- The biggest difference is that skill checks work differently: instead of your skill level translating into a percentage chance for success, you have to beat a skill threshold in order to succeed. Also, a lot of other skills have checks, and it's not all Speech all the time (though, to be honest, Speech, Barter, and Science are still by far the most common checks).
- Repair works differently, as well; you no longer need 100 Repair to repair something to perfect condition, so it's no longer a race to the maximum.
- Armor uses Damage Threshold (which subtracts points of damage off the top) now instead of Damage Resistance (which reduced all damage by a percentage). This makes Deathclaws even deadlier than before, if you can believe it. I recommend using AP ammo on them, preferably from an extreme distance. There's no Dart Gun equivalent to neuter them anymore, either.
On the note of repair. It may be, depending on your play style, worth it to boost it to 85 to take the perk which lets you repair weapons and armor with anything considered "similar" to it. This means repairing vault armor with vault suits of cloth or power armor with anything vaguely metallic.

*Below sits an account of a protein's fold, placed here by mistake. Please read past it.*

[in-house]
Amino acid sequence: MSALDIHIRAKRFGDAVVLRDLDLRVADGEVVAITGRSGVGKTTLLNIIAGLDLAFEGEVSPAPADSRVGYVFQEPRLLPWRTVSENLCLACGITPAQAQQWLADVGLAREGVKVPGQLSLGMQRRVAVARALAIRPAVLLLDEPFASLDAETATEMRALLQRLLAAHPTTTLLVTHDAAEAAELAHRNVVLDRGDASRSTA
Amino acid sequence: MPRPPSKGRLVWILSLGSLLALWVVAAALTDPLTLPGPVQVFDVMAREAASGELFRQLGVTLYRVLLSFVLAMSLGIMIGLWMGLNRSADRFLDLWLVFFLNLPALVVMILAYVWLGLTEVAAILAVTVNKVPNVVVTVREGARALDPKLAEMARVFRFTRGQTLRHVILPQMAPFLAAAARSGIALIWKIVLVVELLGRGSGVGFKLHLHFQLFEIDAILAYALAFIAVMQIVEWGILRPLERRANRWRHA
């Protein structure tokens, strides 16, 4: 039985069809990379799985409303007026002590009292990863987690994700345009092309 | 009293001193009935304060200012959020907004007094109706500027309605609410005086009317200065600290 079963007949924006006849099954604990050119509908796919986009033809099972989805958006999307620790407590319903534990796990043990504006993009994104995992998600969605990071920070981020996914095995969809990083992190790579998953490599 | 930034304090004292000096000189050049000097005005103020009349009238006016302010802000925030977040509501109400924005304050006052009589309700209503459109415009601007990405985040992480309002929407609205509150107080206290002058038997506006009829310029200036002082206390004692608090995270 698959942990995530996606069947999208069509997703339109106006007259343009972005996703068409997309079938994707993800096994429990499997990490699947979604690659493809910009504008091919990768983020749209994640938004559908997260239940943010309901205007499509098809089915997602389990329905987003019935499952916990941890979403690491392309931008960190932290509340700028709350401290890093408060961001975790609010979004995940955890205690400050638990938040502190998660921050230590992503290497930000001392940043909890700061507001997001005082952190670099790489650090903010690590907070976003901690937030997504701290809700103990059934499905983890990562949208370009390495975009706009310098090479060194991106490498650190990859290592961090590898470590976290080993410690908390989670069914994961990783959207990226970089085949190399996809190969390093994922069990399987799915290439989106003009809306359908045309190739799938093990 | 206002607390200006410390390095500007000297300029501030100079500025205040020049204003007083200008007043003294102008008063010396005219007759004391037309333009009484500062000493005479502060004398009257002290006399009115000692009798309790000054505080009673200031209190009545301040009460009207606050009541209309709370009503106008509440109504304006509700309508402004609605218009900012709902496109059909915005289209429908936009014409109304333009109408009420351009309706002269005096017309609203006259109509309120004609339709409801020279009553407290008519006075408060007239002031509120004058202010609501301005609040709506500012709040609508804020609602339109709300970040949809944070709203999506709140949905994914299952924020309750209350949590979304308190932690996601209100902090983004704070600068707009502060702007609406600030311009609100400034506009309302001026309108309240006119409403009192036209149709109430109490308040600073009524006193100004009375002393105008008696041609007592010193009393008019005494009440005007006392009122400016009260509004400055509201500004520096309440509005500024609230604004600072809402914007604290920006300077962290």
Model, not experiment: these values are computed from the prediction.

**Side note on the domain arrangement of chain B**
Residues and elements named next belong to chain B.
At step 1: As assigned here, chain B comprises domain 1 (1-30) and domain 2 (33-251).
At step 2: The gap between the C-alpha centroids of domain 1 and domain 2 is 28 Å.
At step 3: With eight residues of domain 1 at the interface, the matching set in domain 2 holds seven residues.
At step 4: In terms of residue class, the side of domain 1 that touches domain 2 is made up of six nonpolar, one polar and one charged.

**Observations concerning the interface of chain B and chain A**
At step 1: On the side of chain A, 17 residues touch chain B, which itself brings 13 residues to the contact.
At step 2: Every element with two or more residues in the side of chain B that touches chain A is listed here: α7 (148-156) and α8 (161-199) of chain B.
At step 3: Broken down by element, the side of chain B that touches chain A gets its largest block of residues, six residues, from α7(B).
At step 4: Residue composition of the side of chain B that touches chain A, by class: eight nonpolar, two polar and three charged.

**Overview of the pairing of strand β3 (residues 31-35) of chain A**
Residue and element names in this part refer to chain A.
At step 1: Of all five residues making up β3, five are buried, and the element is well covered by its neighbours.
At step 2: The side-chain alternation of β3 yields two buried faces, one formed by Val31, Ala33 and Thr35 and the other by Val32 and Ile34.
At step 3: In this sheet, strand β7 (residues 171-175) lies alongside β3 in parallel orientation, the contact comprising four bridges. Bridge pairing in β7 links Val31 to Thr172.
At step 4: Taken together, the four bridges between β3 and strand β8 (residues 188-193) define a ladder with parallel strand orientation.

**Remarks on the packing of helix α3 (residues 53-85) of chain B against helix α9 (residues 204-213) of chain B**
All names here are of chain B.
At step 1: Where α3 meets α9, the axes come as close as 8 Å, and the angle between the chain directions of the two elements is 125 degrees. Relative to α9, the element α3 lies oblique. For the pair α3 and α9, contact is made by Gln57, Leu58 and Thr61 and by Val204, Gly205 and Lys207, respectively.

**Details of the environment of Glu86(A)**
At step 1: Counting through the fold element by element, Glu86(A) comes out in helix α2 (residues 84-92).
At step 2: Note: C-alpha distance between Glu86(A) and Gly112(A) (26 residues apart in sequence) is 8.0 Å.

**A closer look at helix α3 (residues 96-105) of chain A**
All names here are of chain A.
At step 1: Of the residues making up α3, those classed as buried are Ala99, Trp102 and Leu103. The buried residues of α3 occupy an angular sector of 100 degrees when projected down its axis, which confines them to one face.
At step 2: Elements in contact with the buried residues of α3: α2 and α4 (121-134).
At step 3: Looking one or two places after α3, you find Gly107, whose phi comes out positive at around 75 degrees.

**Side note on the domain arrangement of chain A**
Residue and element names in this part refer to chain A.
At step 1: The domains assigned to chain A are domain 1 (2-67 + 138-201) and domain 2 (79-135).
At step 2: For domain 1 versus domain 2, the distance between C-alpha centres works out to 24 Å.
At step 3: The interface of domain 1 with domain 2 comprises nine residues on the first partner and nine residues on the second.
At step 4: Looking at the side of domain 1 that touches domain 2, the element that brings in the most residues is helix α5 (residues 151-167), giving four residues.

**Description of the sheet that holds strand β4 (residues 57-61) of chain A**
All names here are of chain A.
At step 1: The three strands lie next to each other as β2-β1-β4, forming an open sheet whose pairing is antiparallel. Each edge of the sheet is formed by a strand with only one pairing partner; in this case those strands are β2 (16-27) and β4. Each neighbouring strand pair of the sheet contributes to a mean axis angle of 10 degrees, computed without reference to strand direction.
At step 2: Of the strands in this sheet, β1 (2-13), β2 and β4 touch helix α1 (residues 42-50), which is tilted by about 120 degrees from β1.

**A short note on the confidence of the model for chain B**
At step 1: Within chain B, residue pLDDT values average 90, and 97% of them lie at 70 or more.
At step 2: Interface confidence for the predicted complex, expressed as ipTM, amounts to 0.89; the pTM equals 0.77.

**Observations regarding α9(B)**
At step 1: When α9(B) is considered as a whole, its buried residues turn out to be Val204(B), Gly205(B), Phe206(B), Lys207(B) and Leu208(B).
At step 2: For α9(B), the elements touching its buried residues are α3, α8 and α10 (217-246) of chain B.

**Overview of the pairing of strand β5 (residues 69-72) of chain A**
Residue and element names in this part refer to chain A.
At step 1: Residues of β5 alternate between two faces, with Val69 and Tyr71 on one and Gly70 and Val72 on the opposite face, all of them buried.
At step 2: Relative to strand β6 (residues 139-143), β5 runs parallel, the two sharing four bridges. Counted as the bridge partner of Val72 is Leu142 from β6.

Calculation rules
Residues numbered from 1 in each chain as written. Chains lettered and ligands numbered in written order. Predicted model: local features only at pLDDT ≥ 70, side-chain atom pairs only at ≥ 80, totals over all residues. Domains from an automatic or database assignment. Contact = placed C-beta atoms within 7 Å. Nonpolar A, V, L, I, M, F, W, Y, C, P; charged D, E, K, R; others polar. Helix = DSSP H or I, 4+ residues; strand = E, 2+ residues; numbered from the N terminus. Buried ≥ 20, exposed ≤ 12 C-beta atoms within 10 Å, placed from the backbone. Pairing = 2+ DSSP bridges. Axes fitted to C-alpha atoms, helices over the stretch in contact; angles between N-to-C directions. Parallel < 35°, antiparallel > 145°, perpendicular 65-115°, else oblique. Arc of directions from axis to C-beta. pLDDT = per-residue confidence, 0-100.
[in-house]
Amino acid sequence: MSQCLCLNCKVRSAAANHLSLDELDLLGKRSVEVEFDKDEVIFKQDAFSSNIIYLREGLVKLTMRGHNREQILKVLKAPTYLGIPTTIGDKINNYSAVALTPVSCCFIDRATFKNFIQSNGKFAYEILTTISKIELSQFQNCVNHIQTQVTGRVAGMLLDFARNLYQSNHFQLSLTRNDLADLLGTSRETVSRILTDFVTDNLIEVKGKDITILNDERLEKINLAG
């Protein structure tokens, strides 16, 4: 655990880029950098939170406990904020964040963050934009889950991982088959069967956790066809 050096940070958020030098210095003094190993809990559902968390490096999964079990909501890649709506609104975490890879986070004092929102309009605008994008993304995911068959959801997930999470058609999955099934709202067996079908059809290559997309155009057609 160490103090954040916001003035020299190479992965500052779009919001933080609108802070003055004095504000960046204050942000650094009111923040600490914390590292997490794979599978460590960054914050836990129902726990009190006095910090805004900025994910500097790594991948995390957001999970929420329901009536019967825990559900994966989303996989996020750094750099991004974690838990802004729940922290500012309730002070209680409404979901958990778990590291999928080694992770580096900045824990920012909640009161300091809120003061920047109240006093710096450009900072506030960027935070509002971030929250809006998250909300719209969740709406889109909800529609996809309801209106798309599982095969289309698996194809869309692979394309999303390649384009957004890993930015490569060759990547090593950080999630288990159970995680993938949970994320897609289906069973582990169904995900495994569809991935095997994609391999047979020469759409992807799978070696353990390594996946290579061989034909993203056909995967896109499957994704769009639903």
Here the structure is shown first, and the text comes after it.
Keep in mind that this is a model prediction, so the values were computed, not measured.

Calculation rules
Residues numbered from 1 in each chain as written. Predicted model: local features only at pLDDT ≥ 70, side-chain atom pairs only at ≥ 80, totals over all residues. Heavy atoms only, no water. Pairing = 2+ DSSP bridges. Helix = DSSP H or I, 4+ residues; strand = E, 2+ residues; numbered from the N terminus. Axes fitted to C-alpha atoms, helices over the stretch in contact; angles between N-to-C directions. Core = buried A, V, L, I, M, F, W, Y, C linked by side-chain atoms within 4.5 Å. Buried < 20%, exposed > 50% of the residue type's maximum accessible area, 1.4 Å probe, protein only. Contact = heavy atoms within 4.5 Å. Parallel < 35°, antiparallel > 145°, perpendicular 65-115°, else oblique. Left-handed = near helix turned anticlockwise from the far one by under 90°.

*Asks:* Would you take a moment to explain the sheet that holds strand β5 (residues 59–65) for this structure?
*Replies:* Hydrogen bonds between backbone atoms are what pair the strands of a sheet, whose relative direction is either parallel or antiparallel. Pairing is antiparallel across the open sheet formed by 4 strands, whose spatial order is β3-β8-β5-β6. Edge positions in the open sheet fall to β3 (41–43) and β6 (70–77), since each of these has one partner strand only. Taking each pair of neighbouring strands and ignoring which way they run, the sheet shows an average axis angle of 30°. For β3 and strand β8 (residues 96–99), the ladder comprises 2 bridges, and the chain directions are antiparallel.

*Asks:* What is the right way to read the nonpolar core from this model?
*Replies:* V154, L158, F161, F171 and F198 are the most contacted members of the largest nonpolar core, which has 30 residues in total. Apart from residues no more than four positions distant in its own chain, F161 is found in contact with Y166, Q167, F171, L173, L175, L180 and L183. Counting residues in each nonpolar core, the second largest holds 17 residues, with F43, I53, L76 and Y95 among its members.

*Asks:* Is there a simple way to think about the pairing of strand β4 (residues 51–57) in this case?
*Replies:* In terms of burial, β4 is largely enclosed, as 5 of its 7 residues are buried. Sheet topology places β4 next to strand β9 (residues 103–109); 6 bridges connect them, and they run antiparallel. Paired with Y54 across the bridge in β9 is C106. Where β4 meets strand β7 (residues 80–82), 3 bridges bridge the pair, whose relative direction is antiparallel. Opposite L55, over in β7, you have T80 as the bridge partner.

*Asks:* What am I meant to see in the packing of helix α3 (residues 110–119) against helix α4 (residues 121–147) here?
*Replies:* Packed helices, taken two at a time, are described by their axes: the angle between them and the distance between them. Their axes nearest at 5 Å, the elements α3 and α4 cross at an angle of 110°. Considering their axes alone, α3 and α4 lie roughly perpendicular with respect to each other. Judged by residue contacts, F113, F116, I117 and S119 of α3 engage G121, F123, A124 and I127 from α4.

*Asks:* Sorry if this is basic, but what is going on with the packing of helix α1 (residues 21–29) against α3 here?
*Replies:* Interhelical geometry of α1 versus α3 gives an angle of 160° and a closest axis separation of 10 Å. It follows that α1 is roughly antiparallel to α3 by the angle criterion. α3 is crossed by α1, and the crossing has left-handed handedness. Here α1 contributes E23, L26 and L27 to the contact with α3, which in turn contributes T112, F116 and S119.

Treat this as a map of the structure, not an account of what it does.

Works on weapons too obviously, letting you repair rare weapon types with much more common and often purchasable weapons. And since you'll have a minimum of 85 repair you'll be getting damage bonuses and everything lasts longer.
Granted if you're going to jack up endurance and strength, this doesn't apply so much.
Containers for storing your loot
The earliest "secure" container in the game isnt actually part of a house. (Much like Fallout 3, if a container isnt "secure" then the game may or may not remember what you stored in it. Containers in your house are secure, containers elsewhere generally arent).
In the starting town (Goodsprings), stand facing the general store. To the left of it is a blue container that you wouldnt normally bother opening because its marked as "empty" (in the fallout games empty stuff is marked as empty so you dont have to waste time opening every wastebin in the game, just those which turn out to contain a nuka-cola bottle or an ashtray). Open it. As you are playing a courier, this is a drop box for the courier company. It does nothing.
The next town you come across to the south is Primm. In primm there is a courier office. It has another, identical, empty drop box. Open it.
Now you have opened 2 drop boxes, you can use them to ship stuff from one to the other. So take all your loot that you dont want to sell or carry, dump it in the drop box in Primm and it will be waiting for you whenever you want to pick it up at the drop box in Goodsprings and vice versa. There are other dropboxes in the game but you only need 2 to have been opened to use them for storage like that.